The CDialog base class supports both modal and modeless dialogs. With a modal dialog, such as the Open File dialog, the user cannot work elsewhere in the same application (more correctly, in the same user interface thread) until the dialog is closed. With a modeless dialog, the user can work in another window in the application while the dialog remains on the screen. Microsoft Word's Find and Replace dialog is a good example of a modeless dialog; you can edit your document while the dialog is open.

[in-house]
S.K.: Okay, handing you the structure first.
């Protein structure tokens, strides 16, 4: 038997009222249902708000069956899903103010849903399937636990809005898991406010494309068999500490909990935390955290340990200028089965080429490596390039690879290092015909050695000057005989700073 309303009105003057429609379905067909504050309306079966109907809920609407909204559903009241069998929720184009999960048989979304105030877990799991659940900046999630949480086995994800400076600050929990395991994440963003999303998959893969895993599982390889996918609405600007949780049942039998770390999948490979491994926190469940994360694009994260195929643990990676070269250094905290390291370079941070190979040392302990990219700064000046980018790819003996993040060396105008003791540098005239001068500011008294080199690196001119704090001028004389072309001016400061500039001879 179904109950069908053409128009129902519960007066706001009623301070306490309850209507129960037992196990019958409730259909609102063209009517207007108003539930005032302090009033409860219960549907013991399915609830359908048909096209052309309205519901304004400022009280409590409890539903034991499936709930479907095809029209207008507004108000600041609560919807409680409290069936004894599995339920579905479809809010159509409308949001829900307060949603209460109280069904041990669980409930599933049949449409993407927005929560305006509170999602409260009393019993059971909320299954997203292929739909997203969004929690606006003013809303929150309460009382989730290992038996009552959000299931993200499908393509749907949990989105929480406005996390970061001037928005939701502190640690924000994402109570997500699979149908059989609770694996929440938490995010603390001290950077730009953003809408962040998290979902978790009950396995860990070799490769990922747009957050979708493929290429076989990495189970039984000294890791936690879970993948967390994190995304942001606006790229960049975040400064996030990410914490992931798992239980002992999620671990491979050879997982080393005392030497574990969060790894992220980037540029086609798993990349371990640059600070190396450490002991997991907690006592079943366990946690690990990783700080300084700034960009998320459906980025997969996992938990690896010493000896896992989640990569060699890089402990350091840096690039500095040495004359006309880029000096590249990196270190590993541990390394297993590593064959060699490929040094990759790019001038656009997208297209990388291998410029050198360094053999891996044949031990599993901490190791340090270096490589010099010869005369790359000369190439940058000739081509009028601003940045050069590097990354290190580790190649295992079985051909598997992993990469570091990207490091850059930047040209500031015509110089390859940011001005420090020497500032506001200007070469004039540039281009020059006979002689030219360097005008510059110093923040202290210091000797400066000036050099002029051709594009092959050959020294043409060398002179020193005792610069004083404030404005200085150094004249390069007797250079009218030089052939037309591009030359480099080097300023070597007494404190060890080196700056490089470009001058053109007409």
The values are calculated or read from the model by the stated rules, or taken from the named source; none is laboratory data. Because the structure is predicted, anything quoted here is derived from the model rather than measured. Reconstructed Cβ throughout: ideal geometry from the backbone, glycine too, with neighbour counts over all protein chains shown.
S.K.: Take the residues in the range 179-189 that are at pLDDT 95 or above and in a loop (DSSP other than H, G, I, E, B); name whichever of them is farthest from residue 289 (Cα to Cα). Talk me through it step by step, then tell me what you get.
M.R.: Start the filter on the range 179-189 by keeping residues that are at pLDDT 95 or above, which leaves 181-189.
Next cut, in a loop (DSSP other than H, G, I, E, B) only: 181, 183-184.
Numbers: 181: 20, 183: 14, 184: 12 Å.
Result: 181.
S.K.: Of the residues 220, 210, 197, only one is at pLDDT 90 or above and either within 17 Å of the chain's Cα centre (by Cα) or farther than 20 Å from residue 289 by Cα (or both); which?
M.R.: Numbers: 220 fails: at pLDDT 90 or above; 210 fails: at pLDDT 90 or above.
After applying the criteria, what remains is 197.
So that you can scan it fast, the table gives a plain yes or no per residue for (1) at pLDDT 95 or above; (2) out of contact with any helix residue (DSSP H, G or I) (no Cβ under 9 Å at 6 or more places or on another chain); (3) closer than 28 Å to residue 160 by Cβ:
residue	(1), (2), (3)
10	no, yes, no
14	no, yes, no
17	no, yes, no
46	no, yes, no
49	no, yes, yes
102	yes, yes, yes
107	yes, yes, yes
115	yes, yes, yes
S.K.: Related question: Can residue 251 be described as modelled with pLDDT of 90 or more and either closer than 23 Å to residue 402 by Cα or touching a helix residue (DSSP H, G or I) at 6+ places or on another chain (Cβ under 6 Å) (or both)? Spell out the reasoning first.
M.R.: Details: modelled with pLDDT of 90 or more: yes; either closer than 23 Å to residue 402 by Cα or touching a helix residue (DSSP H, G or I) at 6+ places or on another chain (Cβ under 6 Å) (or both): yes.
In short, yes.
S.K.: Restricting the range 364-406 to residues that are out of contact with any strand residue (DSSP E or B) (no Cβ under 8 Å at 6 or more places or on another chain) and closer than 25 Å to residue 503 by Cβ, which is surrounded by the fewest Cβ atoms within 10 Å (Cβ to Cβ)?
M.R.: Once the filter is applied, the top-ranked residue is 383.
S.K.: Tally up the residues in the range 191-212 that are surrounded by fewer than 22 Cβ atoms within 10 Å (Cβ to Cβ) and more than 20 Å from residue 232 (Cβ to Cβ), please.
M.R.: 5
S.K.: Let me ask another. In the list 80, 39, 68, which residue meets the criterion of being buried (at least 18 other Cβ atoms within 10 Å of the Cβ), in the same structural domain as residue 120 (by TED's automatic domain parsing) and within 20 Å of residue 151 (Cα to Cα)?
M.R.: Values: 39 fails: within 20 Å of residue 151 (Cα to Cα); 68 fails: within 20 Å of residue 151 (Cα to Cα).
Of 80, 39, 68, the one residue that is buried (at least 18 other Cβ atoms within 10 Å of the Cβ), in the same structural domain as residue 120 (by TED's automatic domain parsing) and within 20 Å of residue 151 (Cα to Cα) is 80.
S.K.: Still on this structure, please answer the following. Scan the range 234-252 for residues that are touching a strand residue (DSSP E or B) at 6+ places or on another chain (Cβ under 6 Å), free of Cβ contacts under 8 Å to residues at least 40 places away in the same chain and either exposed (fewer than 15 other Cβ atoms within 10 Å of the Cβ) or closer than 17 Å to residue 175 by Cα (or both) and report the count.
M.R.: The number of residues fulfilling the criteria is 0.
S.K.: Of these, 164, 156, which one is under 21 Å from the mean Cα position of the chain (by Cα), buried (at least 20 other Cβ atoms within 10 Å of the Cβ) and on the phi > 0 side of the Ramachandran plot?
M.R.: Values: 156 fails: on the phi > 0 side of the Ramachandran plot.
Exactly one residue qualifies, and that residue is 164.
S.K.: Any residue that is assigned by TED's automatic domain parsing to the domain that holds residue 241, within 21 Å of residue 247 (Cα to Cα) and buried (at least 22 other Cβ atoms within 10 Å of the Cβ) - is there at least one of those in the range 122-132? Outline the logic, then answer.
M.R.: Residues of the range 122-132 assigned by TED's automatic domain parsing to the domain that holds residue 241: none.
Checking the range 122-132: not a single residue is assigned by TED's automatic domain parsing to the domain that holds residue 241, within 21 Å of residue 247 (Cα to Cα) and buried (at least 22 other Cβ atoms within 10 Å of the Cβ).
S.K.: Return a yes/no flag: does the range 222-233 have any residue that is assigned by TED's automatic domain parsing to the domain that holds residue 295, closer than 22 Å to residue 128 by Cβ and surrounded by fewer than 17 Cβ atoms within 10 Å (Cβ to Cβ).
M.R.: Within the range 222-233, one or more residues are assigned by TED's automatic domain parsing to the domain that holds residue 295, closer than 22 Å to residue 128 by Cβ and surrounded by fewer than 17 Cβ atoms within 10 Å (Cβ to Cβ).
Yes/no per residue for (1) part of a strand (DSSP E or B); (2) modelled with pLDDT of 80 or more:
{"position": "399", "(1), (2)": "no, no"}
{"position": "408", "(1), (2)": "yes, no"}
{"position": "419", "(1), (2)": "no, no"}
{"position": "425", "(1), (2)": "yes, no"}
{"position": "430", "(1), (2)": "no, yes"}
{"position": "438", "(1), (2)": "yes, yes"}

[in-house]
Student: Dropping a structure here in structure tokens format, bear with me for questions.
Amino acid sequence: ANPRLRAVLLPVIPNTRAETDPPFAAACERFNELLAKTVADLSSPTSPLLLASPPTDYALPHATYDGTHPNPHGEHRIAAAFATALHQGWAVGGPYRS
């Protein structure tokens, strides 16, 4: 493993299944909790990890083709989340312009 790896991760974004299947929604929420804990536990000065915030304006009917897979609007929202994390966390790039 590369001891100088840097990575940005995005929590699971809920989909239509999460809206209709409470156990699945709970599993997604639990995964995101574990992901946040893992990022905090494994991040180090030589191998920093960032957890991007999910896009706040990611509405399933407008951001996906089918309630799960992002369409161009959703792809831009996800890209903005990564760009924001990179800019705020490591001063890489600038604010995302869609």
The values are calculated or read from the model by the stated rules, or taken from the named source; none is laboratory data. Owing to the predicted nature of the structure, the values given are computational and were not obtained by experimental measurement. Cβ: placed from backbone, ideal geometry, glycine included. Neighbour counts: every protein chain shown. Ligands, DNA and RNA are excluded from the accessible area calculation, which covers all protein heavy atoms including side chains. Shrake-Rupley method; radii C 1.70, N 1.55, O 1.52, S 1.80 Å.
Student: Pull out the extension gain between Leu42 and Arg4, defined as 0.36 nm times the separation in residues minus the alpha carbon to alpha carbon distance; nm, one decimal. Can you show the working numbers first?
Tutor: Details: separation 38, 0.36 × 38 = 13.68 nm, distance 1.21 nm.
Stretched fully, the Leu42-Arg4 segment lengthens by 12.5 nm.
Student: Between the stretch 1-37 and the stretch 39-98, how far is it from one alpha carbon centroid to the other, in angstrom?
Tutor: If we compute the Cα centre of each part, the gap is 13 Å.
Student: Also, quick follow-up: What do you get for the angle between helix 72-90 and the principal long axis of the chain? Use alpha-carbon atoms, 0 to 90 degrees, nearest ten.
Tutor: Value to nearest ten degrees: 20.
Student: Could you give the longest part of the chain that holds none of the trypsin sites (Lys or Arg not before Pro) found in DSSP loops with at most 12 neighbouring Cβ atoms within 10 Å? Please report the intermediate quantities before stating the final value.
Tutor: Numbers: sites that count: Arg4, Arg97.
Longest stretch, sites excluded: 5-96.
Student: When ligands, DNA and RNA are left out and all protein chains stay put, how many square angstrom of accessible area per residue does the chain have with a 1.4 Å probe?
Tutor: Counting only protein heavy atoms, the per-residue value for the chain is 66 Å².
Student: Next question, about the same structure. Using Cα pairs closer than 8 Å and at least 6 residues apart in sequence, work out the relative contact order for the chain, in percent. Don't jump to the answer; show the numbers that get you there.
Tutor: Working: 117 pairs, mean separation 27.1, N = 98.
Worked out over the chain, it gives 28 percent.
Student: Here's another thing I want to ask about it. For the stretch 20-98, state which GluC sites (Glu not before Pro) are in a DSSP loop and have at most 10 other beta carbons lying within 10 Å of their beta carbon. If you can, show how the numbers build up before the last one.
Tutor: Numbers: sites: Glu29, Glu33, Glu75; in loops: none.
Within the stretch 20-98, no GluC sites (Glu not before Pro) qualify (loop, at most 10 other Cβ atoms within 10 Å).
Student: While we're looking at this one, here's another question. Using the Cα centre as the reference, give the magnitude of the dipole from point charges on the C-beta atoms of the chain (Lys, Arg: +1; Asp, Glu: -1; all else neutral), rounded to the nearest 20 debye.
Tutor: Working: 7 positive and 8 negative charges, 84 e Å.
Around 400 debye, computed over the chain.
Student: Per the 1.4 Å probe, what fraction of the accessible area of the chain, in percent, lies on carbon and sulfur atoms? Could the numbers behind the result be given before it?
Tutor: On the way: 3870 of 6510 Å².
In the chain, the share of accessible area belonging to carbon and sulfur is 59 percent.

Your choice of a modal or a modeless dialog depends on the application. Modal dialogs are much easier to program, which might influence your decision.
The 16-bit versions of Windows support a special kind of modal dialog called a system modal dialog, which prevents the user from switching to another application. Win32 also supports system modal dialogs but with weird results: the user can switch to another application, but the dialog remains as the top window. You probably don't want to use system modal dialogs in Win32 applications.